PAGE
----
Renowned economist Steve Hanke, a professor at Johns Hopkins University and former member of Ronald Reagan’s Council of Economic Advisors, recently voiced his concerns about the lack of direction from the U.S. Federal Reserve and warned of an impending recession that he described as “ugly.” Hanke’s remarks came during an interview with Michelle Makori, lead anchor at Kitco News, where he discussed the future of the U.S. economy and criticized the Federal Reserve’s decision to pause the federal funds rate at the recent Federal Open Market Committee (FOMC) meeting.
Hanke stressed the importance of closely examining the monetary supply rather than solely focusing on interest rates, noting that Federal Reserve chairman Jerome Powell acknowledged the continuation of quantitative tightening despite the pause in rate hikes. He pointed out that the money supply has been contracting since April, shrinking by 4.6%. Hanke highlighted that such a significant contraction hasn’t been seen since the late 1930s, emphasizing that changes in the money supply have a ripple effect on the economy and impact asset prices within six months.
Looking ahead, Hanke predicted that these changes would result in broad-based inflation over the next 12 to 24 months, stating that the economy would experience a rapid decline due to the contraction in the money supply. Despite the evidence supporting the role of money supply as an indicator, Hanke criticized the Federal Reserve for disregarding it and relying on post-Keynesian macroeconomic models that exclude money.
Hanke expressed his belief that a recession is inevitable given the money supply contractions and criticized the Federal Reserve for doubling down on its current approach, while Chairman Powell has publicly stated that the money supply is not a significant factor. He mentioned that banks are now tightening and reducing assets to comply with regulatory demands, but speculated that the Fed might change its strategy if there were a credit crunch or liquidity crisis on Wall Street.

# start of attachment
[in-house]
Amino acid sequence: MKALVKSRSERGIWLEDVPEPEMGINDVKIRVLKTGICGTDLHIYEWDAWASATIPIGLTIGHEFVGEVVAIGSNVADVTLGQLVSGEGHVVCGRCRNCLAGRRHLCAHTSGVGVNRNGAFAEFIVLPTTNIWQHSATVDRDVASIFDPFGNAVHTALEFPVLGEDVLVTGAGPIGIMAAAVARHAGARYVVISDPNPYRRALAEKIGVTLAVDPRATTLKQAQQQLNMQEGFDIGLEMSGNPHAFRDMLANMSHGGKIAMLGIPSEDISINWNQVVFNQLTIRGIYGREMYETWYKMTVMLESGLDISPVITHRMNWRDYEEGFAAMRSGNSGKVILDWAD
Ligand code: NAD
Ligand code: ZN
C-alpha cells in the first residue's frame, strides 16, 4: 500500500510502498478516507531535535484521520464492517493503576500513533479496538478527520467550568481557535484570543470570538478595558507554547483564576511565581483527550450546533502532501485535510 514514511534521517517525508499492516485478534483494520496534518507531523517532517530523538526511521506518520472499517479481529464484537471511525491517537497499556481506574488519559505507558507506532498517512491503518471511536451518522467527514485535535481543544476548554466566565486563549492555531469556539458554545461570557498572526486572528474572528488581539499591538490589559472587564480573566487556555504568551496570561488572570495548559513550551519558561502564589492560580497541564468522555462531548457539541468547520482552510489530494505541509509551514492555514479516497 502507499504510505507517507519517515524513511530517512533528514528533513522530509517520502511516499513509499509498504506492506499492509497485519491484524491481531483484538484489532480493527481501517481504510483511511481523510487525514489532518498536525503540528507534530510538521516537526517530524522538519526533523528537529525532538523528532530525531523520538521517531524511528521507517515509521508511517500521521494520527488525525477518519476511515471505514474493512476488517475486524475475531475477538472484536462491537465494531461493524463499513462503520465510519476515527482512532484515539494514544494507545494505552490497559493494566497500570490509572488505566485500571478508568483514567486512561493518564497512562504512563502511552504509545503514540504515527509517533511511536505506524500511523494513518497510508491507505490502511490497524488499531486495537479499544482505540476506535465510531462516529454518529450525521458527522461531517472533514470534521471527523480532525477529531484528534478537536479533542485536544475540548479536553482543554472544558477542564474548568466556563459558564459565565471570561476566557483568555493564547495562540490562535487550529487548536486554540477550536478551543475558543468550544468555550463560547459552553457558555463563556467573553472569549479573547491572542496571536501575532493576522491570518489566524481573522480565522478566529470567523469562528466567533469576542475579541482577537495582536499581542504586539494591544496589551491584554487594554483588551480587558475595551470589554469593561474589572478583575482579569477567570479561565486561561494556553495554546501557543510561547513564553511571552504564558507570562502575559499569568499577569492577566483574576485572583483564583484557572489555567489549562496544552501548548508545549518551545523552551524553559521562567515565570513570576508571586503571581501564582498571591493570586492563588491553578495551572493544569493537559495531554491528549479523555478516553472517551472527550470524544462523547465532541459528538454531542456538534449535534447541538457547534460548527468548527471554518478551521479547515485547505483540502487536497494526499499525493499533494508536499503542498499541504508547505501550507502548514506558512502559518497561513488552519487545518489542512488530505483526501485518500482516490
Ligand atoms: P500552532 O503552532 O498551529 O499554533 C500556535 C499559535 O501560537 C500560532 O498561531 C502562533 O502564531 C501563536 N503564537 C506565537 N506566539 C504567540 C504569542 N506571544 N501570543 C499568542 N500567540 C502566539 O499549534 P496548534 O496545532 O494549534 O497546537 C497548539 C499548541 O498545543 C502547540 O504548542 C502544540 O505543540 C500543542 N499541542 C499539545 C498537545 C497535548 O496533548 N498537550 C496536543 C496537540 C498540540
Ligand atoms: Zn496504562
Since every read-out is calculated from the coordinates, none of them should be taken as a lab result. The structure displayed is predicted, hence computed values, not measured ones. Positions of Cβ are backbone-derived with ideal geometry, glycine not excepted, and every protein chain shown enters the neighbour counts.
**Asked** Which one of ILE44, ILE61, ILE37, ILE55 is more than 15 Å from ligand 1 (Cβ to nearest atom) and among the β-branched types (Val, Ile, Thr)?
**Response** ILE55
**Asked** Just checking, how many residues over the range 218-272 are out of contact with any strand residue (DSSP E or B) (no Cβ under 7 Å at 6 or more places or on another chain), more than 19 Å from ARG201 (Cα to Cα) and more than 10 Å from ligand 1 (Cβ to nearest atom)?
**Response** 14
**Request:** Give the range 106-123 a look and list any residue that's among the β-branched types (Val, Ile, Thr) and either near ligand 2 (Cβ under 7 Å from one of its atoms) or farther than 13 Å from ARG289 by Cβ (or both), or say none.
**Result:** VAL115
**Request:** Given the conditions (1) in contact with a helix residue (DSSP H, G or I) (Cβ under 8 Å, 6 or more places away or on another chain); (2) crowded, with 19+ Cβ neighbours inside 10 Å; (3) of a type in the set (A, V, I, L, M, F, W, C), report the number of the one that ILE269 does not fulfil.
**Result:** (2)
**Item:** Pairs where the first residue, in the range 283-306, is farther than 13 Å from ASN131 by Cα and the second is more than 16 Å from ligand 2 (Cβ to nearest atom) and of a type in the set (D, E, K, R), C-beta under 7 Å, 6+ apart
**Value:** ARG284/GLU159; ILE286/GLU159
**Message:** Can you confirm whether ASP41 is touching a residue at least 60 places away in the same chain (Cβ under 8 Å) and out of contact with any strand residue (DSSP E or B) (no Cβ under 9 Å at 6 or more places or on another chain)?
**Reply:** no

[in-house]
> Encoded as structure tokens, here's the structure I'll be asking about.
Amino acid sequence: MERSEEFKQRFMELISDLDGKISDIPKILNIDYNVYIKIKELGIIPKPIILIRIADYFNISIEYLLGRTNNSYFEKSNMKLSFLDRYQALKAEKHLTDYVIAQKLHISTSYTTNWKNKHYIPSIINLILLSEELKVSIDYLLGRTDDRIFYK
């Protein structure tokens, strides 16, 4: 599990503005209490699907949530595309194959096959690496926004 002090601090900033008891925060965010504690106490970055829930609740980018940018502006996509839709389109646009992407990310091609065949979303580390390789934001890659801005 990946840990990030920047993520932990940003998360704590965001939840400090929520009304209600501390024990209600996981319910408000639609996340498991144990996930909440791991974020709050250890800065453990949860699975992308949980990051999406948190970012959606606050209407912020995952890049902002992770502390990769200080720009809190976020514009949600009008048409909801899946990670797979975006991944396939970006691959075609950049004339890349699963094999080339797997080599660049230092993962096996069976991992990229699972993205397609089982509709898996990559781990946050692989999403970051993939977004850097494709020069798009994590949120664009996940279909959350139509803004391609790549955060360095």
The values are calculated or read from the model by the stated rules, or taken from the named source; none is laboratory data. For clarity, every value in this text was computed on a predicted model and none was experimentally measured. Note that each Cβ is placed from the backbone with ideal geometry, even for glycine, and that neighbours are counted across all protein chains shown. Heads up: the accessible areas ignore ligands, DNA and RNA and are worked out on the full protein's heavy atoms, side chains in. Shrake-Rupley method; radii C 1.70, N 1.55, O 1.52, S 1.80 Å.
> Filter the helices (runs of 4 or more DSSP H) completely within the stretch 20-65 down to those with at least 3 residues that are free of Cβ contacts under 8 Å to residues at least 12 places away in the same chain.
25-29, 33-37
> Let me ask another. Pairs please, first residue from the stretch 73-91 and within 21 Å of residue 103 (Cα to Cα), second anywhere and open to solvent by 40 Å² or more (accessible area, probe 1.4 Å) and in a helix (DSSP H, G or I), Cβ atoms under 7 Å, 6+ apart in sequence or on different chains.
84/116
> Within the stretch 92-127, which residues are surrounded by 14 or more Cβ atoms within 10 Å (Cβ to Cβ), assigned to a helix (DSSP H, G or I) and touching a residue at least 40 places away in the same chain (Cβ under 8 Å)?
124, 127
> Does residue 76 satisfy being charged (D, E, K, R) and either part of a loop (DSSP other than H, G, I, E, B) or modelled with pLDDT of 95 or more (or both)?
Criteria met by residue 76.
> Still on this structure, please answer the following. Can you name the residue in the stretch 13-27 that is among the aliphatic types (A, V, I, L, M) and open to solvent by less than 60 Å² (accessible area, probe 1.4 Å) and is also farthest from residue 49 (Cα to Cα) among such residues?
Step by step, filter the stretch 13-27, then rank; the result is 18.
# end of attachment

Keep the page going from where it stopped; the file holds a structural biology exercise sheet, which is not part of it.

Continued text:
Hanke, a long-time critic of the Federal Reserve, also discussed the positive outlook for gold, citing its historical performance during recessions and the increased gold purchases by central banks. He concluded the interview by sharing his thoughts on how inflation should be managed in Argentina.
What are your own opinions on Steve Hanke’s warning of an “ugly” recession and his critique of the Federal Reserve’s approach? Feel free to share your insights and thoughts in the comments section below.
Frequently Asked Questions (FAQs) about recession warning
What is Steve Hanke warning about?
Steve Hanke is warning about a looming “ugly” recession and expressing concerns about the direction of the U.S. Federal Reserve’s policies.
What does Steve Hanke criticize the Federal Reserve for?
Steve Hanke criticizes the Federal Reserve for lacking direction and not knowing what it is doing. He also criticizes their disregard for the importance of the money supply as an indicator.
What does Steve Hanke say about the money supply contraction?
Steve Hanke highlights that the money supply has been contracting since April and has shrunk by 4.6%. He believes that these contractions will lead to changes in asset prices and eventually result in a rapid economic decline.
How does Steve Hanke view the Federal Reserve’s approach to the money supply?
Steve Hanke believes that the Federal Reserve is ignoring the evidence and relying on post-Keynesian macroeconomic models that exclude money. He argues that a recession is inevitable given the money supply contractions.
What does Steve Hanke say about gold?
Steve Hanke expresses a positive outlook on gold, citing its past performance during recessions. He also mentions that central banks have been purchasing significant amounts of gold recently.
What is Steve Hanke’s opinion on handling inflation in Argentina?
Steve Hanke discusses his thoughts on how inflation should be managed in Argentina, but the specific details are not mentioned in the text.
More about recession warning
- Steve Hanke’s profile at Johns Hopkins University: Johns Hopkins University
- Federal Open Market Committee (FOMC) information: Federal Reserve
- Kitco News website: Kitco News
- Jerome Powell’s profile at the Federal Reserve: Federal Reserve